THIS week I had the pleasure of meeting John. He is an intelligent, articulate and well-dressed man in his mid-forties, who during our conversation, just happened to mention that he had not eaten for two days.
Over the last six months, he claims to have lost over two stones in weight because he has not been able to access enough food to meet his basic needs. I visited him later in the day and found very little food in his house and no gas on the meter. For John, cooking a meal is completely impossible.
Sadly, we hear more and more stories like this across many parts of Yorkshire, particularly in the inner cities where poverty has increased and now affects over 50 per cent of children in some parts of Leeds and Bradford.
But John does not live in an area typically associated with poverty and deprivation. In fact, he lives in a leafy, fairly affluent part of Shipley constituency where poverty is less overt and certainly less visible. John is part of a growing number of people affected by food insecurity. And it is a problem that has remained largely hidden across our region.
Food insecurity occurs when “an individual or household has insufficient or insecure access to food due to resource constraint”. It can be severe, meaning that people are literally without food for days, or mild to moderate, meaning that food supply is inadequate, uncertain or insufficient because of a lack of resources.
It affects people in work, people on benefits, people in fuel poverty, the elderly and parents who skip meals to make sure their children don’t go hungry. It is exacerbated by geographic isolation and affects those in rural parts of Yorkshire where people more are reliant on local convenience stores and access to affordable food is sometimes problematic.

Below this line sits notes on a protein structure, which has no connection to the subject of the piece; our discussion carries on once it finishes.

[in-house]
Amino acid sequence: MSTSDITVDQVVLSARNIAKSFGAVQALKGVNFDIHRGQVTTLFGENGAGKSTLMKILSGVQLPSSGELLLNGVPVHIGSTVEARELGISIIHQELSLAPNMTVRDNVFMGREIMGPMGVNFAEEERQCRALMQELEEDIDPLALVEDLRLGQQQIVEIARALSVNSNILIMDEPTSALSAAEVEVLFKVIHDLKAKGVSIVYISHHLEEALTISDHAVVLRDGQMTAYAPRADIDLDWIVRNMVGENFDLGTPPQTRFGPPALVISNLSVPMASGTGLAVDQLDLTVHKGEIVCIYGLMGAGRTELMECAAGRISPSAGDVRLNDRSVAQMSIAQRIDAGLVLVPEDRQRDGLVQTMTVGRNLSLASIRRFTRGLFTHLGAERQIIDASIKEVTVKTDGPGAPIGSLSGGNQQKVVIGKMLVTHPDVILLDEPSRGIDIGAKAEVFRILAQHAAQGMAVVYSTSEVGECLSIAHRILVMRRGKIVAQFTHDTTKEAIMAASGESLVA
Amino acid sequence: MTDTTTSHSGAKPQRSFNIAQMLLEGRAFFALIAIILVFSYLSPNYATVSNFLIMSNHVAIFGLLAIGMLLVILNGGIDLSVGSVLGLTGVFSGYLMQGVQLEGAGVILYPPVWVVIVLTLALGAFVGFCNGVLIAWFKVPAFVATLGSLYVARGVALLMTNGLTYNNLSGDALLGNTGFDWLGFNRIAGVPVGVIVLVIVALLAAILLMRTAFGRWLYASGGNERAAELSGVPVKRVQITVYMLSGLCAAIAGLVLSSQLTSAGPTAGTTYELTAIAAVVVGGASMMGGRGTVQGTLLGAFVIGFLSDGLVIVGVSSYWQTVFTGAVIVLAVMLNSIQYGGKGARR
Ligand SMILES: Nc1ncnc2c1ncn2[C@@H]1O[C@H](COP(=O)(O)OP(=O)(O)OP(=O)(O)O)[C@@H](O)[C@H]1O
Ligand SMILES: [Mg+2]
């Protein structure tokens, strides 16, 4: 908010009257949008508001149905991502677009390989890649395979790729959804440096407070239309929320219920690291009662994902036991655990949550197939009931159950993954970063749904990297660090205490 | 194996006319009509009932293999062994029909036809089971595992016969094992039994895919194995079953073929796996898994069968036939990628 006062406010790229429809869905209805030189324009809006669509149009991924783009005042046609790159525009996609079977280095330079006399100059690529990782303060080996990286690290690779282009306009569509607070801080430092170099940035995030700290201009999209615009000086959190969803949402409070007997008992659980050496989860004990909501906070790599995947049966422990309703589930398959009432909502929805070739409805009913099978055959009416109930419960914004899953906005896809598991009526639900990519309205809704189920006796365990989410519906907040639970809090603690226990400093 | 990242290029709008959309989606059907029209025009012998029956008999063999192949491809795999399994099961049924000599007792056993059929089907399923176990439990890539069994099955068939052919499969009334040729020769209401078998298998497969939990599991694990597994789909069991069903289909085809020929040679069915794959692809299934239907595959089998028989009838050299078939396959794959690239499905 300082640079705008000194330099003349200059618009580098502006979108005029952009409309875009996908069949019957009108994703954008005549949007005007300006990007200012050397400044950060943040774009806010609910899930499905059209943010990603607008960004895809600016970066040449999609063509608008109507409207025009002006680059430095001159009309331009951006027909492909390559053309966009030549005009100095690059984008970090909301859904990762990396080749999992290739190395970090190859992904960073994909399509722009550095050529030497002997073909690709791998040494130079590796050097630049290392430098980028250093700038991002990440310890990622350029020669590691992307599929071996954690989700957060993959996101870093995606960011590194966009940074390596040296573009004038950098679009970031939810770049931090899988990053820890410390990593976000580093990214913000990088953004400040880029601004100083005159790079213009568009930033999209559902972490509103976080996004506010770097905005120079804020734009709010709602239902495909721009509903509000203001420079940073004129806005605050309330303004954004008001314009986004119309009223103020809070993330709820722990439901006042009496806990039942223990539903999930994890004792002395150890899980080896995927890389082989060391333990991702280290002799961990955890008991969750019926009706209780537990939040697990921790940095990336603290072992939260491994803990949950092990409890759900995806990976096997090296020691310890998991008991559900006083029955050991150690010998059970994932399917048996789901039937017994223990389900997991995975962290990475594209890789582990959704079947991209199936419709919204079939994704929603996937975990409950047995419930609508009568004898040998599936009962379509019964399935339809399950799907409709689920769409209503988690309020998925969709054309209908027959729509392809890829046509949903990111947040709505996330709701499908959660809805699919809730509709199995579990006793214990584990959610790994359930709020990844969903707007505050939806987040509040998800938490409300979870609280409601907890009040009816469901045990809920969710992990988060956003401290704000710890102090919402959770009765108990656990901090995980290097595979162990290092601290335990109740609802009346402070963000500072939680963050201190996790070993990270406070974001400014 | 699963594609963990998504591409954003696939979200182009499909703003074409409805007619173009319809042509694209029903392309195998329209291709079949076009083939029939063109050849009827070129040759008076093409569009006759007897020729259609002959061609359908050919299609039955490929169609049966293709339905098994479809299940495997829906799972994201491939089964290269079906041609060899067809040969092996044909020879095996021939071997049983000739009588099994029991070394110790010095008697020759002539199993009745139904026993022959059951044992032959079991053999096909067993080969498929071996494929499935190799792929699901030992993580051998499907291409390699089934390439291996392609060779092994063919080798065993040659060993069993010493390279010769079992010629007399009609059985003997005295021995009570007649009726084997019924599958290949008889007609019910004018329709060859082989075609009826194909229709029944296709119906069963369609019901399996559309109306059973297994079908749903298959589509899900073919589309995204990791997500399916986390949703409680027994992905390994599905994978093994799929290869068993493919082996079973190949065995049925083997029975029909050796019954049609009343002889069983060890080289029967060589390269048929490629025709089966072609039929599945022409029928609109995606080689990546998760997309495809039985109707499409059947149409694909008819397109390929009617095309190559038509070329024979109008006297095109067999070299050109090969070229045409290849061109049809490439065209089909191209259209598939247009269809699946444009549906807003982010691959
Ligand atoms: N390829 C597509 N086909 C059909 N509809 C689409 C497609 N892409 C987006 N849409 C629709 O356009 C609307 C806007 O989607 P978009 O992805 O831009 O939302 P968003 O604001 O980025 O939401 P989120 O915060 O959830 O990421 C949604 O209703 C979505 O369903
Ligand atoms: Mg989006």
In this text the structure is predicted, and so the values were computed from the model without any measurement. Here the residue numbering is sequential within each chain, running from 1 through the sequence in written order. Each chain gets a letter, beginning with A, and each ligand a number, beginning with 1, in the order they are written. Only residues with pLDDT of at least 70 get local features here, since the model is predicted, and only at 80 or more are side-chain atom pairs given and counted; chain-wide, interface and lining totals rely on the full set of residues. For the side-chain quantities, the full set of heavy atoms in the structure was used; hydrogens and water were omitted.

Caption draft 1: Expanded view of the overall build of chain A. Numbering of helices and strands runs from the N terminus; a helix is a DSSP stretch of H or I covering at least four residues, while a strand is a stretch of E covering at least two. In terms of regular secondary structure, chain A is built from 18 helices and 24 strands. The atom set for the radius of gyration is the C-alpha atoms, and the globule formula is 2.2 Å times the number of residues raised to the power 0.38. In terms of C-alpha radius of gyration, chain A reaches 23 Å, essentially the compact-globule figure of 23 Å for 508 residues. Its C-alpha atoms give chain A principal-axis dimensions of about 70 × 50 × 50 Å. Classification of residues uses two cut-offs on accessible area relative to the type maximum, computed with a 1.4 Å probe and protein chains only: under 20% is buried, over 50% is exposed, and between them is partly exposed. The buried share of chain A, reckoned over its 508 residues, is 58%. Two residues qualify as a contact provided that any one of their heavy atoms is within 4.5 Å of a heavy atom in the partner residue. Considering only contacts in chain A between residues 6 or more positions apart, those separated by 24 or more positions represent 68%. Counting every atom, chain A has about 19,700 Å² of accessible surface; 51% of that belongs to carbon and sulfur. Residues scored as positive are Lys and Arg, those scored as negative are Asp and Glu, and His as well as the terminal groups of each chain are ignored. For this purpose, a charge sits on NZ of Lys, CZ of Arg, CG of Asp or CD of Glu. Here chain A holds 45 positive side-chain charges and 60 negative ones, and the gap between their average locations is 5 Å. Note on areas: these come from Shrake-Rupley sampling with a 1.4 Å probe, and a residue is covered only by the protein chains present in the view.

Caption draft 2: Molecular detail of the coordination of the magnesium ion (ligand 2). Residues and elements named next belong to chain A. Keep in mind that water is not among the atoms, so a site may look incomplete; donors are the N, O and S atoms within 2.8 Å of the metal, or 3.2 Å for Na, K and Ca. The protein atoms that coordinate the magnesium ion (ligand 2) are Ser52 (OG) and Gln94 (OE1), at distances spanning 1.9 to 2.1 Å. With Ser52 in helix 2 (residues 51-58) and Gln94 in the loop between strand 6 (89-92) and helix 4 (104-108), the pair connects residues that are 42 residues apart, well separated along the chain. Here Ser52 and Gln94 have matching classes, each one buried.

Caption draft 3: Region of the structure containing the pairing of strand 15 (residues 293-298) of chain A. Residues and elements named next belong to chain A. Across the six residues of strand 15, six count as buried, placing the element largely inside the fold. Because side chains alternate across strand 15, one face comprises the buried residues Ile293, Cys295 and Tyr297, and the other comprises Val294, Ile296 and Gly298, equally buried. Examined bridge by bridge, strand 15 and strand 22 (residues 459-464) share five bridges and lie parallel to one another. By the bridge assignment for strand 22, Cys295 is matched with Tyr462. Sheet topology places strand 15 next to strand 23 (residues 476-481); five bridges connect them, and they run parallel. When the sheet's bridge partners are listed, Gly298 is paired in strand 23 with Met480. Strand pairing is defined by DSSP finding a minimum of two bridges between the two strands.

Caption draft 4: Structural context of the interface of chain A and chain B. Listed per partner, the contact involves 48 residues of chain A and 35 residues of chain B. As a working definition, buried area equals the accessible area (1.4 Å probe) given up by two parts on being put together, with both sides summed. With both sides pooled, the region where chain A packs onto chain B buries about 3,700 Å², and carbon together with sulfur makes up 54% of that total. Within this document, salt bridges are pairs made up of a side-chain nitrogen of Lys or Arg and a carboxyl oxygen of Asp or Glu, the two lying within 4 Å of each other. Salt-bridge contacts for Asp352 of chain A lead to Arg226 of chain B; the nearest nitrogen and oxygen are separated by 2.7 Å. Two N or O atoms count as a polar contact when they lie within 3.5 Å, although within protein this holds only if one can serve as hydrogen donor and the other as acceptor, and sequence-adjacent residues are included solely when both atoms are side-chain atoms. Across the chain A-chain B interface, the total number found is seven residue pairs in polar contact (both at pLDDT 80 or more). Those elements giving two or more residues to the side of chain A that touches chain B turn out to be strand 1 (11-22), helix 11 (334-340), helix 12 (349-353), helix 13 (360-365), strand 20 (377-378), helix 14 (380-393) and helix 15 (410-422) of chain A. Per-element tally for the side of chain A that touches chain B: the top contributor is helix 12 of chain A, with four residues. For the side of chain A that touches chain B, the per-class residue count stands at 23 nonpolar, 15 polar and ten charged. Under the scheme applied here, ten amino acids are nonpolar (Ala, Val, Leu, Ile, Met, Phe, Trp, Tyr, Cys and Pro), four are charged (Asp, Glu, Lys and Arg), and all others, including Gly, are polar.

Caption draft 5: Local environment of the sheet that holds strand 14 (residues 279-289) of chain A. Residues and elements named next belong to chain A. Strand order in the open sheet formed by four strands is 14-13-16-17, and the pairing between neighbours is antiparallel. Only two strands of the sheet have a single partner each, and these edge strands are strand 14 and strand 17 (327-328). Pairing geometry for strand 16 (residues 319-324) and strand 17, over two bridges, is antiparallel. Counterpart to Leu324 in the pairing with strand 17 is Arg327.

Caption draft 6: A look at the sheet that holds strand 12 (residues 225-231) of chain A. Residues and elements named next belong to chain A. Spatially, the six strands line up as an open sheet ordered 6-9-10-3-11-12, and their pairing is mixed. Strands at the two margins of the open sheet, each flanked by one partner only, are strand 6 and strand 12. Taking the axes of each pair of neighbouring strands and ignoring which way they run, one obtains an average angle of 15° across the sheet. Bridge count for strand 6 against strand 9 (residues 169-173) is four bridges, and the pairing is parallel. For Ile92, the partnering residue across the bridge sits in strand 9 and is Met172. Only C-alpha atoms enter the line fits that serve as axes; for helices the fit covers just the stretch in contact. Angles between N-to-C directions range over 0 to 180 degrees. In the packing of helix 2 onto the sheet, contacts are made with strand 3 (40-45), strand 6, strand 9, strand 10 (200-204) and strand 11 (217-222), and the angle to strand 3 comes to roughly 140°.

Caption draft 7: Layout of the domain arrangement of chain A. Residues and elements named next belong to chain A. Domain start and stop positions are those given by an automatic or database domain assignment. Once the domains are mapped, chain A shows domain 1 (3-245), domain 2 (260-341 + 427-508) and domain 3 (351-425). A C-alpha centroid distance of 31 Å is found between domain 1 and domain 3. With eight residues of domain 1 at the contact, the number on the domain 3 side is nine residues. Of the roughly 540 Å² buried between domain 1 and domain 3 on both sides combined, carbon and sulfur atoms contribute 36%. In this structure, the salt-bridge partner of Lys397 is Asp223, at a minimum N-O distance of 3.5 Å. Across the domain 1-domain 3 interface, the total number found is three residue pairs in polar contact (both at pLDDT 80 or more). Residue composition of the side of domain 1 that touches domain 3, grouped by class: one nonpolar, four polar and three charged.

To live with food insecurity means being unable to access enough food of a reasonable enough quality to meet basic nutritional needs in socially acceptable ways.
Food insecurity is thought to be a growing problem affecting around eight million people in the UK alone. A recent report by The Food Foundation in 2016 estimated that over 4.7 million people in the UK are severely food insecure and regularly go a day without eating because of a lack of resources.
But food insecurity is also a hidden problem because individuals and households experiencing it often do not have referrals to food banks or other support services. They are on the brink, relying on friends and family, often eating poor quality food on a sporadic basis – skipping meals and making do.
So, while we know that food bank usage has increased across Yorkshire and the Humber from 65,059 food parcels in 2015/16 to 69,200 in 2016/17 these figures only tell us about people accessing Trussell Trust foodbanks.
What they do not tell us is the number of people accessing other food banks, or those who are surviving on the goodwill of others, accessing poor quality food opportunistically as and when they can.
Parliament is considering the Food Insecurity Bill presented by Emma Lewell-Buck MP which would commit the Government to measure and report on food insecurity. This is standard practice in countries such as the US and Canada.
Anecdotal evidence, proxy indicators and estimates all suggest that food insecurity is a growing problem that affects millions of people to varying degrees, but with more robust data, not only could we assess the prevalence of food insecurity, but we could begin to solve the problem. The aim of the Bill is simple – what gets measured gets fixed – and it is this simple aim that has attracted the support of over 100 cross party MPs ahead of its second reading in October.
It is the first step in making the problem visible and challenging the idea that hunger and food insecurity only happen the most deprived neighbourhoods. In fact, the evidence that we do have suggests that food insecurity is much more widespread than previously imagined. It indicates that many of us, even those living in apparently affluent parts of Yorkshire, are living and working with people like John whose struggle to eat goes on behind closed doors,
Jo Pike is a senior lecturer at Leeds Beckett University in childhood and education.